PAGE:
For Alpha Coffee, the pandemic has been a financial grind.
“It was a gut punch. It really was,” said owner Carl Churchill.
He says the COVID-19 crisis cost his small business big money.
To help clot the financial bleeding, Churchill took an $80,000 loan from the Small Business Administration. With 33 employees to pay and other expenses, however, that money went fast.
“Our payroll is about $45,000 every two weeks. Our rent is about $10,000 a month,” he said. “At the end of the day, we’re making a small amount of money. So, the margins are really thin.”
Now, the SBA is increasing the amount of money it’s lending while also extending the timeline to pay it back.
“Having this Economic Injury Disaster Loan is just one additional resource to help businesses out there that are struggling,” said Alejandro Contreras with the SBA’s Office of Disaster Assistance.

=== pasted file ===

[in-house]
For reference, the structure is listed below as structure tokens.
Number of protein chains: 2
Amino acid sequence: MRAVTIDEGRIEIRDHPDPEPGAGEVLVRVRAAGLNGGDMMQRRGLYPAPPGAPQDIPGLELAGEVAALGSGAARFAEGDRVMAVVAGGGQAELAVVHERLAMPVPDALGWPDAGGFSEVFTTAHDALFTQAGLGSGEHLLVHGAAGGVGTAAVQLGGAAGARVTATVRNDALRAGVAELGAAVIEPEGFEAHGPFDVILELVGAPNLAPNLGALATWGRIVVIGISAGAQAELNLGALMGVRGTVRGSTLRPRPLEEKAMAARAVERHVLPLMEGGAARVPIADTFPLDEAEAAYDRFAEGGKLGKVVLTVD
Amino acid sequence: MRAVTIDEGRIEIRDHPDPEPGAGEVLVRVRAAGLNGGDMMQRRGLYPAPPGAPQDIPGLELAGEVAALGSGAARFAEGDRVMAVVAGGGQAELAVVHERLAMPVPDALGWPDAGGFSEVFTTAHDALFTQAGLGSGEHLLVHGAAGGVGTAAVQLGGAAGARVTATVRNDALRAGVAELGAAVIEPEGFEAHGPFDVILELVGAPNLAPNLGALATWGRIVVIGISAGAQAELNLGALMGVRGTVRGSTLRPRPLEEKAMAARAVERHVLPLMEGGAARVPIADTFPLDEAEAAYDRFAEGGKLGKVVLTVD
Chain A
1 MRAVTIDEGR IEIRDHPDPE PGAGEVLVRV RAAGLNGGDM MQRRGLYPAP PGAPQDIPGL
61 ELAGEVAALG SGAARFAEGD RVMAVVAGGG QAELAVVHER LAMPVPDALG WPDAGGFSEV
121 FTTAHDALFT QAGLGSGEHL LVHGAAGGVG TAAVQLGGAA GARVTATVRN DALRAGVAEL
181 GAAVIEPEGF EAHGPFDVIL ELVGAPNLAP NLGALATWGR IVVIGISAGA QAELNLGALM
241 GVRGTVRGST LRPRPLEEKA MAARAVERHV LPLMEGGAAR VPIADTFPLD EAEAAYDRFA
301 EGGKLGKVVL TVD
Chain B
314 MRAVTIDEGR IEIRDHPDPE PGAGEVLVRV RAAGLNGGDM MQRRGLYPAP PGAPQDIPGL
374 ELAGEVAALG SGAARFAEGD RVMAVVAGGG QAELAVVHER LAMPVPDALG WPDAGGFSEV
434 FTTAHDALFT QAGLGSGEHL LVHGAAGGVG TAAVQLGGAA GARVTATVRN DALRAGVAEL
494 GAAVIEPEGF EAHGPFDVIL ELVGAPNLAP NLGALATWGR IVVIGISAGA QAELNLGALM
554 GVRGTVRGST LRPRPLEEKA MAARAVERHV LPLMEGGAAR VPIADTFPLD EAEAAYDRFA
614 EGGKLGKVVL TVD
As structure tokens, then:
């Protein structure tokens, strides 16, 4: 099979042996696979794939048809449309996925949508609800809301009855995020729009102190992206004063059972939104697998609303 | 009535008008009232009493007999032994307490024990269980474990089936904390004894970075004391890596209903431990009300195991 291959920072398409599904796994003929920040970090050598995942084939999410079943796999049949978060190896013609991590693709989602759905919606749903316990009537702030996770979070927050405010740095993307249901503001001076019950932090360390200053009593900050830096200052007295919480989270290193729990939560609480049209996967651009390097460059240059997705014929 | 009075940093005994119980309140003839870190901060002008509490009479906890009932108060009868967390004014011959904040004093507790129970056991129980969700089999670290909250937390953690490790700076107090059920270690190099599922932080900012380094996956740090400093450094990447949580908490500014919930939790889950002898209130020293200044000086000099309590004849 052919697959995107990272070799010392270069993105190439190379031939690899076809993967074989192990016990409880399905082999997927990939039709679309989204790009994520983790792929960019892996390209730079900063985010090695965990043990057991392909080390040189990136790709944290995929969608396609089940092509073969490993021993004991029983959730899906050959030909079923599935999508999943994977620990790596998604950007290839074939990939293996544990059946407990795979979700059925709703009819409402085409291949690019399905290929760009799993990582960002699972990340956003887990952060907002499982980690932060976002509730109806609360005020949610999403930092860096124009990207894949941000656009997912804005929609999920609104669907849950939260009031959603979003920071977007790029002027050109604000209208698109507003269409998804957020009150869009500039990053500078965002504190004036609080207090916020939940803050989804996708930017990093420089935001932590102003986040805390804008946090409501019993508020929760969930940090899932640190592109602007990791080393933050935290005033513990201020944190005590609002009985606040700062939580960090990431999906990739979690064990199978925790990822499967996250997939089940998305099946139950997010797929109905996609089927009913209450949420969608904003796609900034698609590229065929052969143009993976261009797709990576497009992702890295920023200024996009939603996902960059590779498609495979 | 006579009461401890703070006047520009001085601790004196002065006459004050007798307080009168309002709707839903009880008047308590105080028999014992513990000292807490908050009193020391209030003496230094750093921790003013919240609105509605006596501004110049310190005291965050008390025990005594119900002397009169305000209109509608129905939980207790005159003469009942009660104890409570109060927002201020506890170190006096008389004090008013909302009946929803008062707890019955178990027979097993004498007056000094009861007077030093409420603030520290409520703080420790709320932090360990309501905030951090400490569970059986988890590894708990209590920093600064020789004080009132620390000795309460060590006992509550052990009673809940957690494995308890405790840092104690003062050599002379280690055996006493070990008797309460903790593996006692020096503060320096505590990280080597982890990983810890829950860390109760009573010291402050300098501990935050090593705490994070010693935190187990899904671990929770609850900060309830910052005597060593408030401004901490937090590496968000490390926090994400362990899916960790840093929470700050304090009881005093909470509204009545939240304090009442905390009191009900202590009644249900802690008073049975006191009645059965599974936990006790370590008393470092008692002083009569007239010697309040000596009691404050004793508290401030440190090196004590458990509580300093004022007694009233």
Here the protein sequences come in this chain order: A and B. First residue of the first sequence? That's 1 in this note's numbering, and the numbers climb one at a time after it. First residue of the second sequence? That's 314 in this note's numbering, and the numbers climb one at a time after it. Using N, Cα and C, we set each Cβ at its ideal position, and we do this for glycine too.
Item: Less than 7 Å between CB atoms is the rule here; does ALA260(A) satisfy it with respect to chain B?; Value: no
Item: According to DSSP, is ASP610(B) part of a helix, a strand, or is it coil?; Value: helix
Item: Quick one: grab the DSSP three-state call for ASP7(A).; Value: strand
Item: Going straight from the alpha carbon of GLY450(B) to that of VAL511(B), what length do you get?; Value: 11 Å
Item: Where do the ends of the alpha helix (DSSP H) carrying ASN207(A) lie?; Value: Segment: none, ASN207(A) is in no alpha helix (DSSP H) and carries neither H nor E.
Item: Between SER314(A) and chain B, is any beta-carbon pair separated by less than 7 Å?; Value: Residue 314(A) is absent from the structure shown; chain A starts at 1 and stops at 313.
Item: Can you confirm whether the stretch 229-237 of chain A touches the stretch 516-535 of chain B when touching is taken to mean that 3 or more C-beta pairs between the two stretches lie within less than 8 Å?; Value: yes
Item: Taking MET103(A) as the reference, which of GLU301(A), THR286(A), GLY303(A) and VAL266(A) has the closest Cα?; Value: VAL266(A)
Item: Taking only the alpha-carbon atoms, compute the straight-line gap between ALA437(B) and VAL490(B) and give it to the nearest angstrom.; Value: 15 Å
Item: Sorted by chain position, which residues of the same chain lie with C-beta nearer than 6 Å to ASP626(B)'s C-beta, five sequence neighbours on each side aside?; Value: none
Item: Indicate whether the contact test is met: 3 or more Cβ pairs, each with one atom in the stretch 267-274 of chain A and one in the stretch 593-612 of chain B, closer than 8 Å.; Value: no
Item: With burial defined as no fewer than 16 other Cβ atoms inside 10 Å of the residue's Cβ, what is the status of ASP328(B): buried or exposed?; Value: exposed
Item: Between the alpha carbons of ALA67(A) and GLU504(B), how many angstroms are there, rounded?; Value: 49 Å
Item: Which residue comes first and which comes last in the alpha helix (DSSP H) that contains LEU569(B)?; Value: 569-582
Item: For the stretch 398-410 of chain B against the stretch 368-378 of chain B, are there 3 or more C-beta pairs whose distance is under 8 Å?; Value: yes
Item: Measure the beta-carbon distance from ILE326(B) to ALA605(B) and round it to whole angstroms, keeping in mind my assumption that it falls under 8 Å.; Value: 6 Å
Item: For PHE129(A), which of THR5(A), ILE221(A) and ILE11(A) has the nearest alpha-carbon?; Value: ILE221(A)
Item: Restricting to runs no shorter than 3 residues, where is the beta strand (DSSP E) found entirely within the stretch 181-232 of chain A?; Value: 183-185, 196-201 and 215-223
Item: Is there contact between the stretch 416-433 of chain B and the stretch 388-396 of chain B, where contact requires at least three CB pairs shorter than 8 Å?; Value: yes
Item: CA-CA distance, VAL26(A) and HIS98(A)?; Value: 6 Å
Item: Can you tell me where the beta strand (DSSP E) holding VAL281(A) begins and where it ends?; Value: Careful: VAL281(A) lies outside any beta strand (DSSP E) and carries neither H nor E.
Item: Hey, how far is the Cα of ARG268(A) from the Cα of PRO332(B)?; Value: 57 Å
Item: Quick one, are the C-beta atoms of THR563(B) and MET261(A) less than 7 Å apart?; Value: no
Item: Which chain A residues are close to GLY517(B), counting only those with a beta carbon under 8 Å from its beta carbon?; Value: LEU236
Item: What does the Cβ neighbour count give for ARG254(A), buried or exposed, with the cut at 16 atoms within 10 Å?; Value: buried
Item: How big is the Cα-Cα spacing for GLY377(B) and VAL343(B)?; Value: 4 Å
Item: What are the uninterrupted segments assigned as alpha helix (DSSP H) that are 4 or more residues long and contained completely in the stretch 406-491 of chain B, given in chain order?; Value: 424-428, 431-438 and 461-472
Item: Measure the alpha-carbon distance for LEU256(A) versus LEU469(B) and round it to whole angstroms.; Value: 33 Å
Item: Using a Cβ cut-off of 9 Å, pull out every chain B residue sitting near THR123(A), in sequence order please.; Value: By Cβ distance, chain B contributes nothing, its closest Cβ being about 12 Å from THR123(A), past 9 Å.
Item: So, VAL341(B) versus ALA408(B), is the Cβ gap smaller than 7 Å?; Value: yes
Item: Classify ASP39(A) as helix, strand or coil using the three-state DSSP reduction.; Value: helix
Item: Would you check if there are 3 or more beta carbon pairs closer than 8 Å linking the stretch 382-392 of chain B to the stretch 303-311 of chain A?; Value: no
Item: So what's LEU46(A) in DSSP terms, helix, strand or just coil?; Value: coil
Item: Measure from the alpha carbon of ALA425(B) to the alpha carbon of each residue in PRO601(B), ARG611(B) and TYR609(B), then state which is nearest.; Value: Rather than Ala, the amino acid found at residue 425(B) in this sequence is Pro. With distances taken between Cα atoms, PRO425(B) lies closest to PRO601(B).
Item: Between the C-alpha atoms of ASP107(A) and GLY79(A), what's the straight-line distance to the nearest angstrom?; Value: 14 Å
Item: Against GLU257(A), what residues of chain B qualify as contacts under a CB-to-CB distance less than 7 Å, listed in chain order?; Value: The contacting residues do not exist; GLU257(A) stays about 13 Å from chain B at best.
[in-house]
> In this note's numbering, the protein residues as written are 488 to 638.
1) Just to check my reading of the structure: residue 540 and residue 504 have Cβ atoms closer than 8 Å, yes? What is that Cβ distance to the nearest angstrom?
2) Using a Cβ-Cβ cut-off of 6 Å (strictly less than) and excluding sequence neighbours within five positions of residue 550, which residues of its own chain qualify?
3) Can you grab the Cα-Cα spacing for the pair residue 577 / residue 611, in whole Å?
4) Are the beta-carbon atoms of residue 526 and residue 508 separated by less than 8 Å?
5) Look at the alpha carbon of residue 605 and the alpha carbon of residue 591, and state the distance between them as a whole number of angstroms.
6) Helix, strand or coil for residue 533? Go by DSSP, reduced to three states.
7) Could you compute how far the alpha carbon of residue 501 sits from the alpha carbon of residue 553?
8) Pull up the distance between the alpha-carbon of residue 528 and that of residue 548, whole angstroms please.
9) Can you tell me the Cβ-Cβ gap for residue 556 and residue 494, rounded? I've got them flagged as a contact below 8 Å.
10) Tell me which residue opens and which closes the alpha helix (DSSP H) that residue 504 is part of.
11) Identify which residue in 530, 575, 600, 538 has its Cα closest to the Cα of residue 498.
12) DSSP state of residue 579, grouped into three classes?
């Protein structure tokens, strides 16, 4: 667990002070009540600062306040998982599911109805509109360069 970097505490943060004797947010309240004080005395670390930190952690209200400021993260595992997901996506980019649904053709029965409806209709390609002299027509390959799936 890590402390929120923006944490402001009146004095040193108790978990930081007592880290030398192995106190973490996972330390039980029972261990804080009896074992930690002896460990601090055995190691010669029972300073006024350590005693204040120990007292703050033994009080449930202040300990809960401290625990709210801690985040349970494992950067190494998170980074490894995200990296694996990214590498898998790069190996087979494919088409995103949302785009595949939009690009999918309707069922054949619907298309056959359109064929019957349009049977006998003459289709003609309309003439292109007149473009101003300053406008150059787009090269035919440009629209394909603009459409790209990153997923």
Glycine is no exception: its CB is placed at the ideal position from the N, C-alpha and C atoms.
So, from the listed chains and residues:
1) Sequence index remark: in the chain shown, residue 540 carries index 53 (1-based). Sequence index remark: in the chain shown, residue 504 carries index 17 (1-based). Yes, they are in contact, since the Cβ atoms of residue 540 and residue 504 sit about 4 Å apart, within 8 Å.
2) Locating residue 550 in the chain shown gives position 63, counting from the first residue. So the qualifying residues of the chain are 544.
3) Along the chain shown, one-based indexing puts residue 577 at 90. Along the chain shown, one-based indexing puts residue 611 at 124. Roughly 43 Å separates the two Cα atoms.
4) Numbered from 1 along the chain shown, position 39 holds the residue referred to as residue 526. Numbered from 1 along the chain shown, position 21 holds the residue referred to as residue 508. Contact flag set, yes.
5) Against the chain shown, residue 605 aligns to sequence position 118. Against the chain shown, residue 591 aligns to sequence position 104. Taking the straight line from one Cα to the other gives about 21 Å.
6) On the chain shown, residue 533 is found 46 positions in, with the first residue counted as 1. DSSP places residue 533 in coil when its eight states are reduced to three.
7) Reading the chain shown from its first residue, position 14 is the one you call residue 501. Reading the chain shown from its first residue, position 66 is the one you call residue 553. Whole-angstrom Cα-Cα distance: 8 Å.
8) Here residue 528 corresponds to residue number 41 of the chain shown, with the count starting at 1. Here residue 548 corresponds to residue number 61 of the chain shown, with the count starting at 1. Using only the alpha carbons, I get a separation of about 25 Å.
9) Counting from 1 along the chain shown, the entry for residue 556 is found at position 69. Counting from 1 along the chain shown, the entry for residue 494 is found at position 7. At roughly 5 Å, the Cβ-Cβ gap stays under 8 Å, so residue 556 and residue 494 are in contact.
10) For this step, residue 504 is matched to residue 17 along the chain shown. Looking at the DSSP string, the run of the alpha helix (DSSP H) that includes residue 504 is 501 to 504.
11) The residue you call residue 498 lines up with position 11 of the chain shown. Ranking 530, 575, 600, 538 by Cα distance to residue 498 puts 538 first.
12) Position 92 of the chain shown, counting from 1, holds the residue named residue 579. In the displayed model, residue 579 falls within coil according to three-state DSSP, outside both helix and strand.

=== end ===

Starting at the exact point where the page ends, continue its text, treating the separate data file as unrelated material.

He says the SBA has done 3.8 million loans under the Economic Injury Disaster Loan Program. Now, that loan limit is growing from a $150,000 cap to $500,000 and payments can be deferred up to 18 months.
“Giving them additional time to hopefully resume back to normal operations and not have to worry for the next year,” Contreras said.
Moving forward, the SBA is looking to increase loan limits even more, going up to $2 million for those that qualify.
For Churchill, more money could mean opportunities for has small business to succeed as his coffee shop looks to continue its grind.
“Most small businesses aren’t looking for a handout. They’re just looking for help,” he said. “We’re just going to continue to do what small businesses have always done: tighten our belts, roll up our sleeves and get to work.”